The 2015 National Fossil Day artwork features an enigmatic prehistoric mammal known as a chalicothere (derived from Greek words meaning "gravel beast"), a large herbivore, depicted in a Miocene prairie grassland. The scene is an idealized representation of Cenozoic Era life and landscapes, which is the theme for the 2015 National Fossil Day monthly features. Each month, a different Cenozoic ecosystem and the associated animals and plants will be featured on the National Fossil Day website. To learn more about the chalicothere, along with some of the contemporary animals and plants, please revisit the National Fossil Day website in February, when we will feature Agate Fossil Beds National Monument.
Age of Mammals
The Cenozoic, the era of "Recent Life", is divided into three periods: the Paleogene, Neogene, and Quaternary; and seven epochs: the Paleocene, Eocene, Oligocene, Miocene, Pliocene, Pleistocene, and Holocene. The Cenozoic Era spans from 66 million years ago to the present. The beginning of the Cenozoic is marked by worldwide mass extinction events heralding the end of the reign of the Mesozoic reptiles, including the dinosaurs. The Mesozoic Era was featured on the 2011 and 2014 National Fossil Day logos. The National Fossil Day titanothere logo is a Cenozoic fossil as is the 2012 mammoth artwork.
The Cenozoic is also commonly referred to as the "Age of Mammals", because of the great proliferation and diversity of mammals which evolved and successfully inhabited terrestrial and marine environments worldwide during the Cenozoic. In addition to all of the different groups of mammals, birds, insects, and flowering plants greatly flourished during the Cenozoic.
One of the great stories of the Cenozoic Era is the change in climate from the "greenhouse" world of the dinosaurs to an "icehouse" world with ice sheets on the north and south poles. The changes in climate documented during the Cenozoic influenced the evolution and distribution of plants and animals. Scientists have concluded from geologic and fossil evidence that a significant global warming event occurred during the beginning of the Cenozoic. At around 50 million years ago there was a shift towards long-term cooling which resulted in reshaping Cenozoic life and landscapes. The first widespread savannas and grasslands in North America developed during the cooling period of the middle Cenozoic. Dramatic changes in vegetation and habitats influenced the animals living and feeding in these new environments.
The collective story of the Cenozoic fossil record, evolving ecosystems, and climate change provides us a greater understanding of how our modern flora, fauna and ecosystems have evolved. This understanding can guide us as we assess the effects and corresponding environmental impacts associated with current and future changes in climate.
Go See Them!
Many National Fossil Day partner fossil sites and museums are excellent places to learn about Cenozoic Era fossils and ecosystems. Below are just six National Park Service sites which preserve a portion of the Cenozoic story.
Fossil Butte National Monument (Wyoming) preserves a world-renowned fossil locality representing a portion of an Eocene lake system in southwestern Wyoming. Lake sediments contain an abundance of well-preserved fossils which have been collected and studied for well over a century. Complete skeletons of fish, reptiles, birds, mammals, along with the exquisite preservation of plants and insects, provide a very rare glimpse into an ancient ecosystem.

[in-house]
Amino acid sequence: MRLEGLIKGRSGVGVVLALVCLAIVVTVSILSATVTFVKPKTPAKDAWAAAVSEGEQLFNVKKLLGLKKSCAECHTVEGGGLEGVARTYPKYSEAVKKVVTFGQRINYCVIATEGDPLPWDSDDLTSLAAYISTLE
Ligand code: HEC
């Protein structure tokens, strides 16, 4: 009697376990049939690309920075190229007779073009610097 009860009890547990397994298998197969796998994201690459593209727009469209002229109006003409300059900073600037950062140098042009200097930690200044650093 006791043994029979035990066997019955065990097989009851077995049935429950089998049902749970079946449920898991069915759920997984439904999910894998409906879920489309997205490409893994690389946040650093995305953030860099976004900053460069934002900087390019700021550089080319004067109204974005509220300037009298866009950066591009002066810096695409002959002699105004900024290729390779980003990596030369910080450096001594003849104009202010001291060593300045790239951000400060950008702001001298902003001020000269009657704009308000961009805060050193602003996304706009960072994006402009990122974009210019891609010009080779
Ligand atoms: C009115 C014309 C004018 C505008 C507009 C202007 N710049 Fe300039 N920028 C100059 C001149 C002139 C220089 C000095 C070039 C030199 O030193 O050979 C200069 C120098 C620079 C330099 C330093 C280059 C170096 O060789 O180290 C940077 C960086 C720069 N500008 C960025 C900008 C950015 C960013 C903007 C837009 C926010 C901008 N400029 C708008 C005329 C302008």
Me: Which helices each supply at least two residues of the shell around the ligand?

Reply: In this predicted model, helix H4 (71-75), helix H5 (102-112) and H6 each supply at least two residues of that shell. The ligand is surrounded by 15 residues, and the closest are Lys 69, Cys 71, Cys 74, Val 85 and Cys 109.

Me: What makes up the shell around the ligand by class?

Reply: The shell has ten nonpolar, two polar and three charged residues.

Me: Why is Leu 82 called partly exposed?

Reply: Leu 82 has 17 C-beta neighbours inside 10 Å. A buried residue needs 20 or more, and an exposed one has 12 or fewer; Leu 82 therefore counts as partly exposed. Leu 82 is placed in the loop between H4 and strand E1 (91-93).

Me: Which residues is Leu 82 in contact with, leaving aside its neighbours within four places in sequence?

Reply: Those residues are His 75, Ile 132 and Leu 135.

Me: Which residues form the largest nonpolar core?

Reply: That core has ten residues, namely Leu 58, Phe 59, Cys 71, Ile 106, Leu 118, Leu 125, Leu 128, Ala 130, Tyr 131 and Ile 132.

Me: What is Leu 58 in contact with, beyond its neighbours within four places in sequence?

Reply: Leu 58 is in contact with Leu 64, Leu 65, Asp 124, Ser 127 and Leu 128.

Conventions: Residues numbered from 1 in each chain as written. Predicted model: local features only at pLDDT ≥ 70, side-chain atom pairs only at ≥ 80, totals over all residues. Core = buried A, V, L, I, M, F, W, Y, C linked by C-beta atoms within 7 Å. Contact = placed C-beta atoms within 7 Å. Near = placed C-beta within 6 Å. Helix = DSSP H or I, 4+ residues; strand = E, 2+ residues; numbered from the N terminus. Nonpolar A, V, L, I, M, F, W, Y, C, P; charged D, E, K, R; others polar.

Florissant Fossil Beds National Monument (Colorado) is a rich and important fossil locality high in the Rocky Mountain which preserves Eocene and Oligocene fossils. Fossil plants and insects are exceptionally well preserved and extremely diverse. The park has a vibrant and active research program, which supports wonderful public education and outreach activities at the monument.
Badlands National Park (South Dakota) is one of the world's richest deposits of fossil mammals from the Eocene and Oligocene. The park is preserves a beautiful badlands topographic landscape which preserves fossil assemblages that span a period of climatic transition from warmer to cooler temperatures. Badlands fossils help to reveal the evolution and diversification of mammals in response to the shifting paleoenvironment during the Eocene–Oligocene transition.
John Day Fossil Beds National Monument (Oregon) preserves a 40-million-year-long fossil record within the John Day Basin. Rocks and fossils date to between the late Eocene and late Miocene, yielding a scientifically important temporal succession of life through a great portion of the Cenozoic. Mammal and plant fossils are common.
Agate Fossil Beds National Monument (Nebraska) is an important Miocene fossil locality with a rich history of paleontological fieldwork by scientists from the Carnegie Museum of Natural History and the University of Nebraska. The fossils from Agate represent an evolving fauna showing adaptations to the cooler climates and an open savanna grasslands environment.
Hagerman Fossil Beds National Monument (Idaho) is an important Pliocene fossil locality where over two hundred different species of fossil plants and animals have been discovered from an exposure above the Snake River. Hagerman strata contain one of the most important fossil horse localities in the world, yielding the first true horse, Equus simplicidens.